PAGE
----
Over the next few weeks we will be doing our best to reach silviculture sector businesses across B.C. We want to discuss with each of you, as much as time and practicality will allow, your take on the future of the industry, your part in it and what you think are the main things we need to do collectively to stay in business. We will also use this opportunity to outline the work the WSCA is involved in to drive more silviculture work into the market particularly for 2010 as well as some of the long term strategies we have been lobbying for. The results of this exercise will set the final agenda for the Summit. If you want to contact us on your own email Dave Humphries at email@example.com to arrange a call.
Here are some issues that have come up so far based on conversations with contractors:
What can be done to get industry back in the habit of keeping current with their silviculture obligations? There is considerable statistical and circumstantial evidence that many companies are deferring silvicultural obligations or moving to less reliable regeneration strategies. These short term tactics, though legal, but not biologically sound, not only have a depressing effect on our sector, they may also have long term effects on the future abundance and diversity of our forests. Should the appraisal system be set up to withhold licensee accrual of silviculture costs until they have actually practiced some convincing silviculture? The move to results-based forestry was predicated on a quid pro quo: government would get out of telling foresters what to do in exchange for more efficient, effective and innovative forestry on their part. So far what we have seen is more quid than quo.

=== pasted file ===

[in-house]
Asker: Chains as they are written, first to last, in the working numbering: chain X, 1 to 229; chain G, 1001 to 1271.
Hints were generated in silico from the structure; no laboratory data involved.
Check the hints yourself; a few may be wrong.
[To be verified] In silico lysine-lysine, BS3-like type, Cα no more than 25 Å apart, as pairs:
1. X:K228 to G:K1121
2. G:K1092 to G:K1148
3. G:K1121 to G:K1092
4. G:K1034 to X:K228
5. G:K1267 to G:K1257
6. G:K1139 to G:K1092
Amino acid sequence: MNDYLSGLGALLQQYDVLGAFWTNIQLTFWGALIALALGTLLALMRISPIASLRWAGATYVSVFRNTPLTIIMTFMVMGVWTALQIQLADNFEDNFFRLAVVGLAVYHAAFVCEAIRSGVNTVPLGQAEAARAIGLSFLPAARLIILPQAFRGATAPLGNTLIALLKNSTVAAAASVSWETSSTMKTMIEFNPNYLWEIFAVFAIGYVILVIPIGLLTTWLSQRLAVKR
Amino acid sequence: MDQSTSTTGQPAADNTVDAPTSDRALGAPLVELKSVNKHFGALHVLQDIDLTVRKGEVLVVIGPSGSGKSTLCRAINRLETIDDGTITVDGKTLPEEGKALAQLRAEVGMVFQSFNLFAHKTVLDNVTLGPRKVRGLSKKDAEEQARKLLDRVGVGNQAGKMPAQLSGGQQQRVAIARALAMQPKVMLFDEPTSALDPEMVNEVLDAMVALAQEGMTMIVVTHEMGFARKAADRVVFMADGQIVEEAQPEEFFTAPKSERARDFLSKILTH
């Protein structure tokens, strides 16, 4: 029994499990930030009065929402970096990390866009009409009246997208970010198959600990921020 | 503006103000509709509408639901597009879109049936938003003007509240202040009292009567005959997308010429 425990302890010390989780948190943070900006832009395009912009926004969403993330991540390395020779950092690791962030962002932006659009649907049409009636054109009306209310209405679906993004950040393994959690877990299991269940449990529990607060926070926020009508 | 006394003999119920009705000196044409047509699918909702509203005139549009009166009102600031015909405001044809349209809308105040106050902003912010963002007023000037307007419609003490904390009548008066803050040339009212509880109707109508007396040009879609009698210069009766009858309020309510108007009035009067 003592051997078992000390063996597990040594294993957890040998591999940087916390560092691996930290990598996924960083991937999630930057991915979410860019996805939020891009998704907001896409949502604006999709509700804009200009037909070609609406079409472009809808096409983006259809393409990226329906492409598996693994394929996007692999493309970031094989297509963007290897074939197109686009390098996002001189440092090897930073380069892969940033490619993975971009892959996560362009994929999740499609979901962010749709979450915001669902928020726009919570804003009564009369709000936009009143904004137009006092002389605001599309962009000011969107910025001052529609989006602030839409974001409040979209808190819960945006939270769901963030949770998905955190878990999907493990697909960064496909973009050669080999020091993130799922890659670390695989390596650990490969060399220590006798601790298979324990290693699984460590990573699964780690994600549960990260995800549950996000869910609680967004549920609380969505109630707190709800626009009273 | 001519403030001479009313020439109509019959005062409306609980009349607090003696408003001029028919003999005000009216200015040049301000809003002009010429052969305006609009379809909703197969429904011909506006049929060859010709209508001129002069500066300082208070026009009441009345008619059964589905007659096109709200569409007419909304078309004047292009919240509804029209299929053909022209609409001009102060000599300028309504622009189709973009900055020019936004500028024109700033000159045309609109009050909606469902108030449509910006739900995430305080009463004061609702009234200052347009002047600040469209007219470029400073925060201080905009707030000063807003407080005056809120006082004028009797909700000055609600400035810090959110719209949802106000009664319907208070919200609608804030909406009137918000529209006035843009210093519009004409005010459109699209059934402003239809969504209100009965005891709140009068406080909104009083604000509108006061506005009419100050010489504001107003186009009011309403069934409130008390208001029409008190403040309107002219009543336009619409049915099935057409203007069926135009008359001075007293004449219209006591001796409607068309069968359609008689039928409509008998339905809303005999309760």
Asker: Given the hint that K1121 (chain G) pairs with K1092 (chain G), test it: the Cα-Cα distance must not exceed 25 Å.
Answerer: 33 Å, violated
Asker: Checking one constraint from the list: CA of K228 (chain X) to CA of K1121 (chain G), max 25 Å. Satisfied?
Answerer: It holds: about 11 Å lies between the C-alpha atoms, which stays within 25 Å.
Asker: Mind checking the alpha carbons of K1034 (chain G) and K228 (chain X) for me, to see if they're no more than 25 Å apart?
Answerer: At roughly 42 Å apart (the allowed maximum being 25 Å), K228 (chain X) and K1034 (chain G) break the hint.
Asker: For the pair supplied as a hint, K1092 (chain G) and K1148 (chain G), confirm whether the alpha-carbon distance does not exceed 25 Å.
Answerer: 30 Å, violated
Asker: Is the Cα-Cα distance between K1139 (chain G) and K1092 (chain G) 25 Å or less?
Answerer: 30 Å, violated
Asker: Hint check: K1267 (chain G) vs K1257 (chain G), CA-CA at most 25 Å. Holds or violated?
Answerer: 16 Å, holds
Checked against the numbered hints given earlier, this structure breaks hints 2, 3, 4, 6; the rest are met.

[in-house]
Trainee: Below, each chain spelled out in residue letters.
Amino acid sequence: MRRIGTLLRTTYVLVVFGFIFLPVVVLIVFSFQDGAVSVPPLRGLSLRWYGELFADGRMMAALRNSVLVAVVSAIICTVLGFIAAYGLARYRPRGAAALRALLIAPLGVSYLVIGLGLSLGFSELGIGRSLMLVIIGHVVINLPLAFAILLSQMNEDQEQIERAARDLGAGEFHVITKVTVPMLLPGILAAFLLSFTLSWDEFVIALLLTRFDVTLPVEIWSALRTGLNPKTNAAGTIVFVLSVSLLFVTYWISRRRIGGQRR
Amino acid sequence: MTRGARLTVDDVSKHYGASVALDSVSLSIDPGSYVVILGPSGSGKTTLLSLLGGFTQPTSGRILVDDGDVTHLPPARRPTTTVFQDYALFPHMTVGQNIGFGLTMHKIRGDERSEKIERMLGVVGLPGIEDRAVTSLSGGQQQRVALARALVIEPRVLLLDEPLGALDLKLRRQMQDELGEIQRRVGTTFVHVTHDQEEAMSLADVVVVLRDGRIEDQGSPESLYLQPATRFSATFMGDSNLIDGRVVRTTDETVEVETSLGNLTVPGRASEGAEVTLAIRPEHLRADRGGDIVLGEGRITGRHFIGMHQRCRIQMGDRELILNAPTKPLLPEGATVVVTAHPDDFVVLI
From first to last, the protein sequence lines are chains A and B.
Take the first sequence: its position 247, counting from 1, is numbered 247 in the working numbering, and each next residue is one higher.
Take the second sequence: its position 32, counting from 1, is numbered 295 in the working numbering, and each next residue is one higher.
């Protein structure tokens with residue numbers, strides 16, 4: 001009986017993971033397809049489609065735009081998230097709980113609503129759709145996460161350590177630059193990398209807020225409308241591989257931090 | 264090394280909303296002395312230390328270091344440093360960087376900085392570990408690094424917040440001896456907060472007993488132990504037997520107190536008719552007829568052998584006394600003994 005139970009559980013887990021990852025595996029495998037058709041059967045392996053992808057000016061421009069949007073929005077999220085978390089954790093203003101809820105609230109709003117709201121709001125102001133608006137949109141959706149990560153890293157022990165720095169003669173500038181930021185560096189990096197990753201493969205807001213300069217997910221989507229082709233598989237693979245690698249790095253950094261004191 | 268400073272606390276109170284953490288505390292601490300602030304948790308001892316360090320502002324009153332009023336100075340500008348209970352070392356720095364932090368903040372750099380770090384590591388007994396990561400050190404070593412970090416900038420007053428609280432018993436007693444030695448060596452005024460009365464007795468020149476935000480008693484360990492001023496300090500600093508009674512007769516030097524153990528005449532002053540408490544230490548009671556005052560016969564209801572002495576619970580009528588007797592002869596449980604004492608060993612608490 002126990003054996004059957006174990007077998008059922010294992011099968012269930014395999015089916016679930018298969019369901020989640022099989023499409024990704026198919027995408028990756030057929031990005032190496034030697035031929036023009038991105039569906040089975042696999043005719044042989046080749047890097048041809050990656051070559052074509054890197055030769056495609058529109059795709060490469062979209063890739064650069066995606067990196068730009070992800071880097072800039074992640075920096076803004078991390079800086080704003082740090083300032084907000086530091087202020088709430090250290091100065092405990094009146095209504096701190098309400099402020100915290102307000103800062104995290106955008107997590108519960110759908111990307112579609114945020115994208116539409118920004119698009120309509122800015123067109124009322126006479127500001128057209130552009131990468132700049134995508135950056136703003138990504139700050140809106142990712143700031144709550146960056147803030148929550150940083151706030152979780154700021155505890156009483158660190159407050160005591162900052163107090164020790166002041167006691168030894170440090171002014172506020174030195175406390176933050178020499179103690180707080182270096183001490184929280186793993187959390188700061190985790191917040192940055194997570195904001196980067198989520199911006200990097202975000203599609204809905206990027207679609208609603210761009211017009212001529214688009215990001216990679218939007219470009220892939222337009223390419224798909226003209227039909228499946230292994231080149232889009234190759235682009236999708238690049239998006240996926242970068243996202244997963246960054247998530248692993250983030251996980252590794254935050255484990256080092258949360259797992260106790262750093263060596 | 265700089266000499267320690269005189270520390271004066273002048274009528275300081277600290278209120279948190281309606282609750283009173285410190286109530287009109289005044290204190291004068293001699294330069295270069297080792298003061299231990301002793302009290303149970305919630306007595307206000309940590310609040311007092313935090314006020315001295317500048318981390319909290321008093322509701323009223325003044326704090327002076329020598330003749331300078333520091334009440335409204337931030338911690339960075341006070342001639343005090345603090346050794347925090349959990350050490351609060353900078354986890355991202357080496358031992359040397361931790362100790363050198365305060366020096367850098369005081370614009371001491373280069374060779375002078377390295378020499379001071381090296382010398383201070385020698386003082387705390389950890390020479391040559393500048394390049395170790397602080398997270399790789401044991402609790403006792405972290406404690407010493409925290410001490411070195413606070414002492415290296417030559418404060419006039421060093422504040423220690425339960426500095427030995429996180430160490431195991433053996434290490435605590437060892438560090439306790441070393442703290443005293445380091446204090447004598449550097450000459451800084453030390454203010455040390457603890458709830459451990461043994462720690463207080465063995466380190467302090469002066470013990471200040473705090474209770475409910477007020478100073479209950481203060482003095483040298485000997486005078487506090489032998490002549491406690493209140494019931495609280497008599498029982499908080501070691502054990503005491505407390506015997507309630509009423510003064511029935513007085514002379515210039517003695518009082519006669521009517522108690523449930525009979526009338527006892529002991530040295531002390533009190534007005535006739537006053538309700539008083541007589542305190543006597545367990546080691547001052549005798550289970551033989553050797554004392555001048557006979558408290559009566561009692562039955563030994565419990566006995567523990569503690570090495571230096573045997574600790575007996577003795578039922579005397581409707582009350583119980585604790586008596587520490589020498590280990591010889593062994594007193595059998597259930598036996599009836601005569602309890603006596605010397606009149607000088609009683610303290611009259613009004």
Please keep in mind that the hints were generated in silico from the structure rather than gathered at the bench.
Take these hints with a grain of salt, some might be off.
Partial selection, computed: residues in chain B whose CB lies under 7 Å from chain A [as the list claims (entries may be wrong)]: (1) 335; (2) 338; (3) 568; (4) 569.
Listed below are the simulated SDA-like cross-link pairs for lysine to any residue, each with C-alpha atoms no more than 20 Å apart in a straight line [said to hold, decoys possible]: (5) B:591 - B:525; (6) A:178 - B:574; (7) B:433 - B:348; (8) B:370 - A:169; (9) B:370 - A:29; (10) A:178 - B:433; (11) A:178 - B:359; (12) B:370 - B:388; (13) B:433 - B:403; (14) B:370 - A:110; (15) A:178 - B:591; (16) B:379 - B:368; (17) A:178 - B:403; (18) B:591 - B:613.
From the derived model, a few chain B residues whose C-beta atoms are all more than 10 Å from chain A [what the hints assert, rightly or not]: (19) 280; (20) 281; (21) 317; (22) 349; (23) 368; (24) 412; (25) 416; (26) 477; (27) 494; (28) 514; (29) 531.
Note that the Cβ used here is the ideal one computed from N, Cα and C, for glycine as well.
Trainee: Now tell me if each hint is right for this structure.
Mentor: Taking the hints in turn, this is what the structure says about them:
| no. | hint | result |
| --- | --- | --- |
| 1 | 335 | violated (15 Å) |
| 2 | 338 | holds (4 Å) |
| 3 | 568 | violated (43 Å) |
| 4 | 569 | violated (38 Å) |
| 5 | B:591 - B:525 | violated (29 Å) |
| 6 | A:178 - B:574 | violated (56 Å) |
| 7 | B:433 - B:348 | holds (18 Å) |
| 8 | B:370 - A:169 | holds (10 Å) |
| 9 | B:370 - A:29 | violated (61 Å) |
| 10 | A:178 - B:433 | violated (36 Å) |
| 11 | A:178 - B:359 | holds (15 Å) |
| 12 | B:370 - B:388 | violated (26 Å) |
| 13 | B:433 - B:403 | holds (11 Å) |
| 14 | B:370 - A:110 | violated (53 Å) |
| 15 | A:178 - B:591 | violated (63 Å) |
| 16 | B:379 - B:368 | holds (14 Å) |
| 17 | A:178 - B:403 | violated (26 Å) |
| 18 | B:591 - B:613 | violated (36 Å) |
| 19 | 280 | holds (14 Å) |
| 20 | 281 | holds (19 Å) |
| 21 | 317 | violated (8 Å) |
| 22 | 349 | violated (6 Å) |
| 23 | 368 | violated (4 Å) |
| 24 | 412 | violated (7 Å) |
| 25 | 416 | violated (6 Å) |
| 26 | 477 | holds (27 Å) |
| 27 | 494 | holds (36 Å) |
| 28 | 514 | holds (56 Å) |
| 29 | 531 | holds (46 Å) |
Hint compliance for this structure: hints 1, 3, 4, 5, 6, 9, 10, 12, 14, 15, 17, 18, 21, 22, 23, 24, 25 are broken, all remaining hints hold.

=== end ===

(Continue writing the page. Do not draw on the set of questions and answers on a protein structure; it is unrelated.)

What can be done to address the exposure of contractors to client bankruptcies? For the most part the forfeiture of the forest license is seen by the Crown as a sufficient bond to ensure silvicultural obligations are met. The guarantee is that the silviculture obligation passes on to the next recipient. But this does little to protect unpaid firms that have provided services or products to reforest for a license holder who goes under, as we have seen. Nor does it do anything for the resource when the license is held up in tortuous legal procedures. Can a system of silviculture deposits or bonds be put in place to ensure that contractors don’t end up paying for managing and restoring the Crown’s resource when license holders go out of business? What can be done to ensure the resource isn’t degraded while courts or other processes sort out the bankruptcy and transfer of the license?